Elon Musk has turned Twitter into dead money: Morning Brief
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Monday, July 11, 2022
Today’s newsletter is by Brian Sozzi, an editor-at-large and anchor at Yahoo Finance. Follow Sozzi on Twitter @BrianSozzi and on LinkedIn.
As my career has soldiered on, I have come to terms with one thing: rich, powerful people are going to do whatever they damn well please.
The reason for that is pretty simple — they have the money, connections, and the ruthless aggression to foster whatever reality they so desire.
This might sound cynical, but I have seen it time and time again. And now, everyone is seeing it firsthand with the world’s richest person, Elon Musk, backing out of his $44 billion deal for Twitter late on Friday.
Musk is terminating the merger agreement with Twitter because of what his team believes have been “material” breaches of multiple provisions in the agreement. Some of those provisions appear to include Twitter’s recent decision to can about a third of its recruiting team and not providing Musk with what he views as accurate data on “bots,” or fake accounts.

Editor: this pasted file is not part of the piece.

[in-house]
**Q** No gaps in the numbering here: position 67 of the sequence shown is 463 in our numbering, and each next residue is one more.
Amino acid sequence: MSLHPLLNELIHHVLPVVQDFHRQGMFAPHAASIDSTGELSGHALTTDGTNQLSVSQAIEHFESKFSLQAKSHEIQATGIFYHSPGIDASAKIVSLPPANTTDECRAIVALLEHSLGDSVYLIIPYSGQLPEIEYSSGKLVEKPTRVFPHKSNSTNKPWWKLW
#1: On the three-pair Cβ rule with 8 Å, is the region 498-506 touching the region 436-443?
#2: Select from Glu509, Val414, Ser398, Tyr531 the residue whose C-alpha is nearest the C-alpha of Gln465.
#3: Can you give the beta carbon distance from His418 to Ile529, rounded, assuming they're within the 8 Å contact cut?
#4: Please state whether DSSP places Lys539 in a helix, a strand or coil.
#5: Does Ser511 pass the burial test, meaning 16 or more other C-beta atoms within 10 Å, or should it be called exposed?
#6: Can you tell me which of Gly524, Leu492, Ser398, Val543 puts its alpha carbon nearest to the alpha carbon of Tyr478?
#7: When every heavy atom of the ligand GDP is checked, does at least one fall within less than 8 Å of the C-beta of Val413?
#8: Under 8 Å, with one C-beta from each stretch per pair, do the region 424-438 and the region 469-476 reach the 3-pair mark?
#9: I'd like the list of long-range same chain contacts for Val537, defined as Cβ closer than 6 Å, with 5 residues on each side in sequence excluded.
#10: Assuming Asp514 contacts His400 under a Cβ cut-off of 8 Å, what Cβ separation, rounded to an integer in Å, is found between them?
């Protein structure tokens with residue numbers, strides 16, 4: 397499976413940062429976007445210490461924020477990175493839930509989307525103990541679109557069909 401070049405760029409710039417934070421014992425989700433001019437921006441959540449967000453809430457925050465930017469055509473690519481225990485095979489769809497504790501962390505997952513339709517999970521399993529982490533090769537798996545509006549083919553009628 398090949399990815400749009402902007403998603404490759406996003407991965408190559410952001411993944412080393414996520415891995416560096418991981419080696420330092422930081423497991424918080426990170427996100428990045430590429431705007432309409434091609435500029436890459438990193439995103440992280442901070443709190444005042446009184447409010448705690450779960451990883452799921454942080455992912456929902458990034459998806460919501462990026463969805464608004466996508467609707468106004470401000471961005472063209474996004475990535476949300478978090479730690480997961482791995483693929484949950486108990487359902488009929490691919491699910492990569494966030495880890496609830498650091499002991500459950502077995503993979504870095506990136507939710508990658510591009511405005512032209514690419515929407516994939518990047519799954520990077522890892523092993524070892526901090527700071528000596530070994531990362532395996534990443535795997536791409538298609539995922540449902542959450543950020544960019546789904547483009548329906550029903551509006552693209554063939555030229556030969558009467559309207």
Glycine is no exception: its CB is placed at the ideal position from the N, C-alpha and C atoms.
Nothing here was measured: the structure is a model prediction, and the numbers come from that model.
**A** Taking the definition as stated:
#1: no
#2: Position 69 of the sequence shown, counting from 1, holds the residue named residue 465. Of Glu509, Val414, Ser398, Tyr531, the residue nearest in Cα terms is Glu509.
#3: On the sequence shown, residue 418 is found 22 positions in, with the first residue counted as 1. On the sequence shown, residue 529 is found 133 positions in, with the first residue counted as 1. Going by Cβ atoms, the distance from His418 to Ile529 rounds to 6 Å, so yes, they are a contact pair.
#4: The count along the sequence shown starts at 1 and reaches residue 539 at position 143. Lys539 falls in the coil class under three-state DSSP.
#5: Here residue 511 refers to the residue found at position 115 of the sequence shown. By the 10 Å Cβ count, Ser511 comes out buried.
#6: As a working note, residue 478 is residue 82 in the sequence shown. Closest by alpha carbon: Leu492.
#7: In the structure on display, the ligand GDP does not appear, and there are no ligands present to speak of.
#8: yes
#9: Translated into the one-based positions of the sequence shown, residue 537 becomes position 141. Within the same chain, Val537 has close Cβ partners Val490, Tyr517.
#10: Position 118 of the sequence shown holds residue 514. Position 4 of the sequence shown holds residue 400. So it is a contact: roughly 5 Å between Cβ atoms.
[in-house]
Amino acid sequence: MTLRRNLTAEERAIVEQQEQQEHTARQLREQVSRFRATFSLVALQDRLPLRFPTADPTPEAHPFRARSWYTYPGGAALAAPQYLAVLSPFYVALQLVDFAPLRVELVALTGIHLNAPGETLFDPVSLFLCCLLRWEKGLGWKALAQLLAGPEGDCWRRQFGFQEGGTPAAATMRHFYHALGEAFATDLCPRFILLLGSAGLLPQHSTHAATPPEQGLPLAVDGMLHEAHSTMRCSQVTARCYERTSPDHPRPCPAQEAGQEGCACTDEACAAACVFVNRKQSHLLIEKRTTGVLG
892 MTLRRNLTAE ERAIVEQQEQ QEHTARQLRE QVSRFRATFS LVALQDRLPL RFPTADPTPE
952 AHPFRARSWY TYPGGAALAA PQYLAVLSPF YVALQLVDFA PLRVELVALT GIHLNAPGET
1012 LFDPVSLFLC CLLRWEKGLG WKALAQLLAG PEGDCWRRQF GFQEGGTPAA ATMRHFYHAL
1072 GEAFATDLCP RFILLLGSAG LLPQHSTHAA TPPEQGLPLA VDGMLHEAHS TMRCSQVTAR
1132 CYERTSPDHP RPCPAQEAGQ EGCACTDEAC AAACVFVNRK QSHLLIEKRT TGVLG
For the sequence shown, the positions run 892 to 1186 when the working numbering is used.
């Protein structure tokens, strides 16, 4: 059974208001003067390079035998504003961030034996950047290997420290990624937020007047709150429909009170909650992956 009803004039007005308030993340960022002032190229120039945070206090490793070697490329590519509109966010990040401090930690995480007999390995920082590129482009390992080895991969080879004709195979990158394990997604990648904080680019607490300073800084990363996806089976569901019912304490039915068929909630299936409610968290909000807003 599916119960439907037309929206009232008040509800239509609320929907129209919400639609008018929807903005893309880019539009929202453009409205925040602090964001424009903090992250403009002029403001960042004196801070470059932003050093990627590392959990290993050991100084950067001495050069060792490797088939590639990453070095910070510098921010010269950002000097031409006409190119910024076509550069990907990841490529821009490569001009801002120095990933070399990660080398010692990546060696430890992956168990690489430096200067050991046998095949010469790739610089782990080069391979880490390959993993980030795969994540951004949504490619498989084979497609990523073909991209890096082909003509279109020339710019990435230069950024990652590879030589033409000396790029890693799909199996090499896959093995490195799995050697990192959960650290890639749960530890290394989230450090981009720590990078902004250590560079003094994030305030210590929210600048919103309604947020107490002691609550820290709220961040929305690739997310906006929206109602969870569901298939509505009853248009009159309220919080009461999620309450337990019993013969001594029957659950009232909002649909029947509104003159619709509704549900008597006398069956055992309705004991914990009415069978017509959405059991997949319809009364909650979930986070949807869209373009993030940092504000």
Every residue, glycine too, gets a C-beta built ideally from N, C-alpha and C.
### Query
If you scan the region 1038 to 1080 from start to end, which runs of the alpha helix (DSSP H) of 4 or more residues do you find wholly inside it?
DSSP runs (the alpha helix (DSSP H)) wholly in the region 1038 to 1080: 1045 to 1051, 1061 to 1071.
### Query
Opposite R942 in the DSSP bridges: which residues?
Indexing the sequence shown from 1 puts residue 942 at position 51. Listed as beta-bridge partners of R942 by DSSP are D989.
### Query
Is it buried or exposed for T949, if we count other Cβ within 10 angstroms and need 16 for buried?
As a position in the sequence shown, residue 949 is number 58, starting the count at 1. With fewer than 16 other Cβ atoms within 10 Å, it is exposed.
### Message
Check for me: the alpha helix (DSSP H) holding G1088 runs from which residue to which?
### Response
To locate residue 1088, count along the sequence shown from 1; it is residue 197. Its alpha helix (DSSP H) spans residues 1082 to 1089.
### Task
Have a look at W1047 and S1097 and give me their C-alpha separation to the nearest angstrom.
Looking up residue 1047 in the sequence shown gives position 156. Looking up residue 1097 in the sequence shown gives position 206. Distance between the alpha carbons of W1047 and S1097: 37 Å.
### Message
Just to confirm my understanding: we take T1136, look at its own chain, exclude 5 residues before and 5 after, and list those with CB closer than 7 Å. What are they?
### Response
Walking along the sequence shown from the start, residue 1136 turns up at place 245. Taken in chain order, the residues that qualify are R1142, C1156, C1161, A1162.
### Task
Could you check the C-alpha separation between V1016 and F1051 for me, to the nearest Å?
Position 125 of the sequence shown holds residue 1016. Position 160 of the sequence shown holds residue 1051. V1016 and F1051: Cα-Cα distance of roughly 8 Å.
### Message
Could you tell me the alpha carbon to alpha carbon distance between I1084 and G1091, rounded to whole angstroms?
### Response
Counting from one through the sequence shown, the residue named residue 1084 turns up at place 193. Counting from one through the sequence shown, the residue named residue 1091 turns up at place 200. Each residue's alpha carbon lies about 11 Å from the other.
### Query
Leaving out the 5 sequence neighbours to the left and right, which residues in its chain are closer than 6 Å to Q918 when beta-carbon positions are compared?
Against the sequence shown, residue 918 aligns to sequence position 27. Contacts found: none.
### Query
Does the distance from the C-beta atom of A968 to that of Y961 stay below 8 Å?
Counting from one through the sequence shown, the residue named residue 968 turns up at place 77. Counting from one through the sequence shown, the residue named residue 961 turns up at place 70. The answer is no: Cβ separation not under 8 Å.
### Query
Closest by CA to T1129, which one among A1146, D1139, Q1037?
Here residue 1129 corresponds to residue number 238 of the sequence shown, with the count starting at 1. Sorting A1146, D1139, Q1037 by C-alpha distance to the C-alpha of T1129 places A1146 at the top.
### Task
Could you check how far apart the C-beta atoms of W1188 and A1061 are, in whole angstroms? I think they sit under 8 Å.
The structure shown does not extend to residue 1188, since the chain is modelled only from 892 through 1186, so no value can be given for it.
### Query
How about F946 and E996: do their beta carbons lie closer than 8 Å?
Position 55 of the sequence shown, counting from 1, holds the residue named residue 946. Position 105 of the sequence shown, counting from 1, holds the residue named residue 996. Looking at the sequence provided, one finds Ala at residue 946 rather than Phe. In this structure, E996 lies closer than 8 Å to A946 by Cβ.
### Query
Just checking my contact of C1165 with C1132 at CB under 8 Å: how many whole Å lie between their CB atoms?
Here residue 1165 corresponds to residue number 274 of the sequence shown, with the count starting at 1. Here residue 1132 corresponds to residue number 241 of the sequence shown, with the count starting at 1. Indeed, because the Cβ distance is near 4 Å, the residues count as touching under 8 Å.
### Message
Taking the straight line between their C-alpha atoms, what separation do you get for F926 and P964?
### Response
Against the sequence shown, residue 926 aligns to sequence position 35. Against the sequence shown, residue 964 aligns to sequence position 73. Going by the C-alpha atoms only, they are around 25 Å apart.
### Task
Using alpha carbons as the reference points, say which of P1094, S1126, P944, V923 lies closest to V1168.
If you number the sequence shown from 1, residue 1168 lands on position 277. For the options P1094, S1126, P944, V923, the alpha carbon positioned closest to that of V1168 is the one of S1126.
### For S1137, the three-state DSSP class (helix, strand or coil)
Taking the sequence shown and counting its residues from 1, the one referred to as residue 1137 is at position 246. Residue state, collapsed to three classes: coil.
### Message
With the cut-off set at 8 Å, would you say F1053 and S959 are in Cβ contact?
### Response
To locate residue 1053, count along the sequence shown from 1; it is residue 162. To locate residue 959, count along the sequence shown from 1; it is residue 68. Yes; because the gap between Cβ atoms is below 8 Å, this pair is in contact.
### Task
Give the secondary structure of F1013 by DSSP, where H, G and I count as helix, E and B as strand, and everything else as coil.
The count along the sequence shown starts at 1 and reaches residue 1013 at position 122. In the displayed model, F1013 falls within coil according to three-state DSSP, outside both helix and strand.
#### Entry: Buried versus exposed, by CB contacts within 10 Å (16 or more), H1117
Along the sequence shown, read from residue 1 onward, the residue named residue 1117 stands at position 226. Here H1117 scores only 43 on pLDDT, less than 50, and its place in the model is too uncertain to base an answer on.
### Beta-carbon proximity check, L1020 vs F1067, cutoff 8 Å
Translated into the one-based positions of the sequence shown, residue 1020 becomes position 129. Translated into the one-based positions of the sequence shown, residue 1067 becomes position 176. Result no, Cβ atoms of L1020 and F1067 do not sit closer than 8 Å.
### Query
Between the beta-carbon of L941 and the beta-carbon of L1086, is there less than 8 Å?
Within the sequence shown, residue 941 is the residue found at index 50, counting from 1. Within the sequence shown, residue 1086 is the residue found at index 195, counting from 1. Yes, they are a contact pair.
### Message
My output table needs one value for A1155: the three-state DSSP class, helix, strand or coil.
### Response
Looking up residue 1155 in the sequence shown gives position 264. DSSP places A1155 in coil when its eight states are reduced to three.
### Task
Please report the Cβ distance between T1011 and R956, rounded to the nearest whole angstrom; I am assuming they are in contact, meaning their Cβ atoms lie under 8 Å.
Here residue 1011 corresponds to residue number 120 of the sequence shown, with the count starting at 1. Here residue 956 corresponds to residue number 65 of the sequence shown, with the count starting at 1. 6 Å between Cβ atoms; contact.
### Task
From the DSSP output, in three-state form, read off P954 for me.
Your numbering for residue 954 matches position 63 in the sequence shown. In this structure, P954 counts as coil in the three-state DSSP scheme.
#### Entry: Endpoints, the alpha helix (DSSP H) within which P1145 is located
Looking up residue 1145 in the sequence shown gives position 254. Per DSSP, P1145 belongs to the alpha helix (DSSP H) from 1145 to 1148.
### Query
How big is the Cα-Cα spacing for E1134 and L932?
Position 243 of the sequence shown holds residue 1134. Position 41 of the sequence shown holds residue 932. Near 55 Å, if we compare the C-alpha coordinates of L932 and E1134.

Twitter chairman Bret Taylor tweeted the company will take this to the courts to get Musk to close the deal or have him pony up the $1 billion breakup fee. Taylor declined to comment to me on the unfolding series of events. On Sunday evening, Bloomberg reported that Twitter has hired the legal heavyweights over at Watchell, Lipton to sue Musk.
A spokesperson for Twitter declined to make CEO Parag Agrawal available for an interview. (A quick aside: Agrawal has been bizarrely quiet since the merger news hit and it would be good for him to show some outward leadership to rally the troops as his company is essentially burning down to the ground.)